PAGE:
We reserve the right to remove any post that we feel is obscene, profane, vulgar, racist, sexually explicit, abusive, or hateful.
 
You are legally responsible for what you post and your anonymity is not guaranteed.
 
Posts that insult, defame, threaten, harass or abuse other readers or people mentioned in Indiana Lawyer editorial content are also subject to removal. Please respect the privacy of individuals and refrain from posting personal information.
 
No solicitations, spamming or advertisements are allowed. Readers may post links to other informational websites that are relevant to the topic at hand, but please do not link to objectionable material.
 
We may remove messages that are unrelated to the topic, encourage illegal activity, use all capital letters or are unreadable.
 

Messages that are flagged by readers as objectionable will be reviewed and may or may not be removed. Please do not flag a post simply because you disagree with it.

Sponsored by
ADVERTISEMENT
Subscribe to Indiana Lawyer
  1. Your article is a good intro the recent amendments to Fed.R.Civ.P. For a much longer - though not necessarily better -- summary, counsel might want to read THE CHIEF UMPIRE IS CHANGING THE STRIKE ZONE, which I co-authored and which was just published in the January issue of THE VERDICT (the monthly publication of the Indiana Trial Lawyers Association).

  2. Thank you, John Smith, for pointing out a needed correction. The article has been revised.

  3. The "National institute for Justice" is an agency for the Dept of Justice. That is not the law firm you are talking about in this article. The "institute for justice" is a public interest law firm. http://ij.org/ thanks for interesting article however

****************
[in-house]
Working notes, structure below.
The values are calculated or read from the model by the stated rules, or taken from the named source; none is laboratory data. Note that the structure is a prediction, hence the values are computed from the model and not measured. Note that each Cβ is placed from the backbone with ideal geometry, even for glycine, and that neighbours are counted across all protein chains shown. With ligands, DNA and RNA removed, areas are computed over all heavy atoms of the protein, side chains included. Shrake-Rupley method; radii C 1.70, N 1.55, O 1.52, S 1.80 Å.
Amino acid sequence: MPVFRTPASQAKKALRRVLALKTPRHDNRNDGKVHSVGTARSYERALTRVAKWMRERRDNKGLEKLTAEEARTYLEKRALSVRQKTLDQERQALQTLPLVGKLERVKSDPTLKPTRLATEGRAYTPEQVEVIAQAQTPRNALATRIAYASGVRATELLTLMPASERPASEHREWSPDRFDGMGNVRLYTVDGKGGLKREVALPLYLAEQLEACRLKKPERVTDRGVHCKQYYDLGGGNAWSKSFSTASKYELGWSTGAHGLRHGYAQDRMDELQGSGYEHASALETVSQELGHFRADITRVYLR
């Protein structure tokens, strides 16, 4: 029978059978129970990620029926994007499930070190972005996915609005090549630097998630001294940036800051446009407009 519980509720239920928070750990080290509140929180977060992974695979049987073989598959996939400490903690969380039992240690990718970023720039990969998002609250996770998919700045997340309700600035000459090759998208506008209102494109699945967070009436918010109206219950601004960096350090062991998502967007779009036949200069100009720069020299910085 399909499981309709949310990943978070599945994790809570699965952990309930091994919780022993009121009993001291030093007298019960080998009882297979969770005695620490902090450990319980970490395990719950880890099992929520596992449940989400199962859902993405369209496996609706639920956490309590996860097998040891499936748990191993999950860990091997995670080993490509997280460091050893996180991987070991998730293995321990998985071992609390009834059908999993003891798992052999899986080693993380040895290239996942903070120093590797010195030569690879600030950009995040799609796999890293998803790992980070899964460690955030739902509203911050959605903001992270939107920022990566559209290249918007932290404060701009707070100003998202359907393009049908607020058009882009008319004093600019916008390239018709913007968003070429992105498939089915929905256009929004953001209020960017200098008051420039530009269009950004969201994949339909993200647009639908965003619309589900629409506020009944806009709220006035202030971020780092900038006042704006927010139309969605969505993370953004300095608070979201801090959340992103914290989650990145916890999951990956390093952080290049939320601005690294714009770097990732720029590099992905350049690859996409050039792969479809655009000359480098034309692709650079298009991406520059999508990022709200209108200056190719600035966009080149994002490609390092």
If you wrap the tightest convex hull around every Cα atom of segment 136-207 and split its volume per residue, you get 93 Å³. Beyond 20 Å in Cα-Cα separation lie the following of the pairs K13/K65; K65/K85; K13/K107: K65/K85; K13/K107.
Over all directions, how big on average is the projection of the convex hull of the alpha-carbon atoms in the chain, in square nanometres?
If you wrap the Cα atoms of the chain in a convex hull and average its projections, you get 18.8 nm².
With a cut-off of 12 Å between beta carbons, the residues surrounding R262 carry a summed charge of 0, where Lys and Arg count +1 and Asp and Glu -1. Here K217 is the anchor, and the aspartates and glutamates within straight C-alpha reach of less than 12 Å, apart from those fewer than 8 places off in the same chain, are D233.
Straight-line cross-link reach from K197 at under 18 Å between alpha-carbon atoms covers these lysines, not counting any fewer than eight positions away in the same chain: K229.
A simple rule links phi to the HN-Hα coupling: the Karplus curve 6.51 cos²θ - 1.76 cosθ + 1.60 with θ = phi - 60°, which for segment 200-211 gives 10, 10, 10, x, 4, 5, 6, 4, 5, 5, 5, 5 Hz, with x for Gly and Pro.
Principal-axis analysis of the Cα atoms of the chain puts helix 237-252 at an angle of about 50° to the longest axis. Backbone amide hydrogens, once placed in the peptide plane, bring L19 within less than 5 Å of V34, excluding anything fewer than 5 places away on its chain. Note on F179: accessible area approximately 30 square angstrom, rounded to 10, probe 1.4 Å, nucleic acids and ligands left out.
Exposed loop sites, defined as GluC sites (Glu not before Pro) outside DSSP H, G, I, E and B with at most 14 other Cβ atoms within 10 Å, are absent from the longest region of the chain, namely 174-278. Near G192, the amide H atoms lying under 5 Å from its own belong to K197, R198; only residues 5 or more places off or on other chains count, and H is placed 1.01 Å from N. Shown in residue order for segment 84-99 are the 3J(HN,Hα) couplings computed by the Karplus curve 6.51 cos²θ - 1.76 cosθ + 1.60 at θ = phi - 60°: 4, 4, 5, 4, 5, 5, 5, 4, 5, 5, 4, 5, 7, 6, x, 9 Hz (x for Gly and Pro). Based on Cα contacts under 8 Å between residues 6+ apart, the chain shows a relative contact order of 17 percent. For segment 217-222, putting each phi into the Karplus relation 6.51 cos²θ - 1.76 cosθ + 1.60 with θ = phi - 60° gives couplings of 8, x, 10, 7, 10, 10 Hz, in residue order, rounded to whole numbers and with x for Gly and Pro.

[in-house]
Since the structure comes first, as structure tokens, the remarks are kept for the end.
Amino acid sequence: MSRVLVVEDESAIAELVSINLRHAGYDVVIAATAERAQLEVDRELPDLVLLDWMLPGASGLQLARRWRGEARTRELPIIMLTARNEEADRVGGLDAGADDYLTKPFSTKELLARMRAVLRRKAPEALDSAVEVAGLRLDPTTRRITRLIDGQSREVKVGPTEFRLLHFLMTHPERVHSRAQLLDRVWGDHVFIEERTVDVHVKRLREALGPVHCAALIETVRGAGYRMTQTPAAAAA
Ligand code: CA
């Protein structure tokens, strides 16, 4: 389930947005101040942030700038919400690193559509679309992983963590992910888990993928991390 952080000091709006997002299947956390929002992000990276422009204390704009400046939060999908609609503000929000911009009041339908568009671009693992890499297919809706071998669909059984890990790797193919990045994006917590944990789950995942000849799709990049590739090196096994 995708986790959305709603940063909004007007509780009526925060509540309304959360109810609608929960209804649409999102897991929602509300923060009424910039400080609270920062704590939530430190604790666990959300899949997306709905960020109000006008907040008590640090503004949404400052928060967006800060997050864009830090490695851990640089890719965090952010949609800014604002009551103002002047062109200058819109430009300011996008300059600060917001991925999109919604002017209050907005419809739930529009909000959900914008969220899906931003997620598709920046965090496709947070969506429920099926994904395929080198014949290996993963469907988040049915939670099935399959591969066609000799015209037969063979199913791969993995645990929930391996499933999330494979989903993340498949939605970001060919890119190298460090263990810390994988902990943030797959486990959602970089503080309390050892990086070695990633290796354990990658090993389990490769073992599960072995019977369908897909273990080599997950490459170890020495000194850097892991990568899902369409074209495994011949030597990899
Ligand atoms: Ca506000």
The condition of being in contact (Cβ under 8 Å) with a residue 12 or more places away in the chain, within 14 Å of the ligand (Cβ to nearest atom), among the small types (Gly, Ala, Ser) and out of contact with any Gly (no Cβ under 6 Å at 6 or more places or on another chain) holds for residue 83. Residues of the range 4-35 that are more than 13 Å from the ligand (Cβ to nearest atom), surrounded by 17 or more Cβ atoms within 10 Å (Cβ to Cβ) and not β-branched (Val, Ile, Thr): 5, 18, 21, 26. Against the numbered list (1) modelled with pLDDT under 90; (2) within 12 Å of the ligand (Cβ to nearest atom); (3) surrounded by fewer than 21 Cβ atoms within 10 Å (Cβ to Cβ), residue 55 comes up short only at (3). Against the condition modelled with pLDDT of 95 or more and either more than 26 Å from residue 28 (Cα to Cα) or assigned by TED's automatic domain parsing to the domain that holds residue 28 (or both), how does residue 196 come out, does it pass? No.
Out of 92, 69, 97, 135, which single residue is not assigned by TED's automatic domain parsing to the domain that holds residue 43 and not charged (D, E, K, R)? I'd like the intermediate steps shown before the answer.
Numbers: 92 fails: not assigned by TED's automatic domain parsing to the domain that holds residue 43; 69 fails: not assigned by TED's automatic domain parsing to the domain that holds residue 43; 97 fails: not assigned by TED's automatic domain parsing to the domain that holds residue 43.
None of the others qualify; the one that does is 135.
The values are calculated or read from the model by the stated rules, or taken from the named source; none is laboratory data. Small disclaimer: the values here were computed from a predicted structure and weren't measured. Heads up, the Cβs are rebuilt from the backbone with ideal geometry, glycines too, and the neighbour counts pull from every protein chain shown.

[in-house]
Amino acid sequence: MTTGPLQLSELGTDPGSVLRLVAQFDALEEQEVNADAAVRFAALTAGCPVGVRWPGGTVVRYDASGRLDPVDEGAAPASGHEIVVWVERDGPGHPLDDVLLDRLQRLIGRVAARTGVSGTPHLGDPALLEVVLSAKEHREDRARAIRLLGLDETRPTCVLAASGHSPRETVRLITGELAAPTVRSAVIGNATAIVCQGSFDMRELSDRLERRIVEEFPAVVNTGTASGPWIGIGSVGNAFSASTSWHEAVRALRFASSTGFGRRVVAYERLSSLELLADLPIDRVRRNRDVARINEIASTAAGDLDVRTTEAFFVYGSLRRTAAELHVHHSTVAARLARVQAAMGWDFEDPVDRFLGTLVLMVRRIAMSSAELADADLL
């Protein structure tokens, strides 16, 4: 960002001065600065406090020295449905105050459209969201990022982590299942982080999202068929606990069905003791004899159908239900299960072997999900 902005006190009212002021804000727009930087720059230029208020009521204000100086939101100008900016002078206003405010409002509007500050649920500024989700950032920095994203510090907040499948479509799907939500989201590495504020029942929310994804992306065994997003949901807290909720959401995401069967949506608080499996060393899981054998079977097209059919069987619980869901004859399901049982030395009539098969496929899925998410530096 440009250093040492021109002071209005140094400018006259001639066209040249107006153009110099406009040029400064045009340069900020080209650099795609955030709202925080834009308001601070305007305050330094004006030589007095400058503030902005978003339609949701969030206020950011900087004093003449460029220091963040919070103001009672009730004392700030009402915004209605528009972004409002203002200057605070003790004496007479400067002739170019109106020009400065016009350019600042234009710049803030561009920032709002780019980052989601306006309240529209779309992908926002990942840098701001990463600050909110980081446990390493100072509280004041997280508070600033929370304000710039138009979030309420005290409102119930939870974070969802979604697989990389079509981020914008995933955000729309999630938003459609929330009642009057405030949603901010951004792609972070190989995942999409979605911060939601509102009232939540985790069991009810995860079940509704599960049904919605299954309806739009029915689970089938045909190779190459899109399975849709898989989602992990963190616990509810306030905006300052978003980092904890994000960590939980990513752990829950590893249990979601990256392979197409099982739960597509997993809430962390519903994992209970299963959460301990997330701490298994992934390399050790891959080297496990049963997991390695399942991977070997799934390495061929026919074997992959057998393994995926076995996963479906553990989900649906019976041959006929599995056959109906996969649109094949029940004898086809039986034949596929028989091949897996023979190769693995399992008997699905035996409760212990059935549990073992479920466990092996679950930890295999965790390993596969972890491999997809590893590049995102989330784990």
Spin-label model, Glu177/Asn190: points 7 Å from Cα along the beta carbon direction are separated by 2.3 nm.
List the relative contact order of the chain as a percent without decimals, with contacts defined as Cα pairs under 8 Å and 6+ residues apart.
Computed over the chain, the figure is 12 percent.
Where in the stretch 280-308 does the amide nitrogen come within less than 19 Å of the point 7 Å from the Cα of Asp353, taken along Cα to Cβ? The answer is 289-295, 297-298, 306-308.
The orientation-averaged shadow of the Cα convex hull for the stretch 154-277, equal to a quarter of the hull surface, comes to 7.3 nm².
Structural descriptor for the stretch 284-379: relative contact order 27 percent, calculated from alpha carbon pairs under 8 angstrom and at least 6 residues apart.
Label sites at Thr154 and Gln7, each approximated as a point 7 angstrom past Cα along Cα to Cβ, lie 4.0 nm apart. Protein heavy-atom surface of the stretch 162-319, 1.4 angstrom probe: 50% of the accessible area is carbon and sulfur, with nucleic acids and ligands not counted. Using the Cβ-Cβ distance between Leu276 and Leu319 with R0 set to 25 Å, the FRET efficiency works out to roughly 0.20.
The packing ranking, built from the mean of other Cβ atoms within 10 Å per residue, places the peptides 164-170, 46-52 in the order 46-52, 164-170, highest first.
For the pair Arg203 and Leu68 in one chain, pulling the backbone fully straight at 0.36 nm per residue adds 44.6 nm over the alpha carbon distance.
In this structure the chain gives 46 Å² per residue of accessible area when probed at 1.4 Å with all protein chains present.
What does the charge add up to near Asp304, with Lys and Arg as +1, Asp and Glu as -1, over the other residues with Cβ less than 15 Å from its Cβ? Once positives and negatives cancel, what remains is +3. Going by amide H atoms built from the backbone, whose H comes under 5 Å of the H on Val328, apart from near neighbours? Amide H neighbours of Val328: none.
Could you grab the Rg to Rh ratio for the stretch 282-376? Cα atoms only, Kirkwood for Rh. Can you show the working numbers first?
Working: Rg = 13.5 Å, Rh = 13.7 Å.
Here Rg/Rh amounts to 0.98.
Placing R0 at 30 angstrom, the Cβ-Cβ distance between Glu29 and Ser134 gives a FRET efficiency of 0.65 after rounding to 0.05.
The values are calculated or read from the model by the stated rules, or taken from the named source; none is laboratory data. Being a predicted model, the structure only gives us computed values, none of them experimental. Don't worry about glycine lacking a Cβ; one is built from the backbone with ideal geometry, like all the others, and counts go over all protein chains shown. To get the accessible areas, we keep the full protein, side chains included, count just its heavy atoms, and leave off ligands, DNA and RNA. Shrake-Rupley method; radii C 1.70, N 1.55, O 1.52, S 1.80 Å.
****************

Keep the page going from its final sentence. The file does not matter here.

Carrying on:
4. I would like to try to find a lawyer as soon possible I've had my money stolen off of my bank card driver pressed charges and I try to get the information they need it and a Social Security board is just give me a hold up a run around for no reason and now it think it might be too late cuz its been over a year I believe and I can't get the right information they need because they keep giving me the runaroundwhat should I do about that

  5. It is wonderful that Indiana DOC is making some truly admirable and positive changes. People with serious mental illness, intellectual disability or developmental disability will benefit from these changes. It will be much better if people can get some help and resources that promote their health and growth than if they suffer alone. If people experience positive growth or healing of their health issues, they may be less likely to do the things that caused them to come to prison in the first place. This will be of benefit for everyone. I am also so happy that Indiana DOC added correctional personnel and mental health staffing. These are tough issues to work with. There should be adequate staffing in prisons so correctional officers and other staff are able to do the kind of work they really want to do-helping people grow and change-rather than just trying to manage chaos. Correctional officers and other staff deserve this. It would be great to see increased mental health services and services for people with intellectual or developmental disabilities in the community so that fewer people will have to receive help and support in prisons. Community services would like be less expensive, inherently less demeaning and just a whole lot better for everyone.

ADVERTISEMENT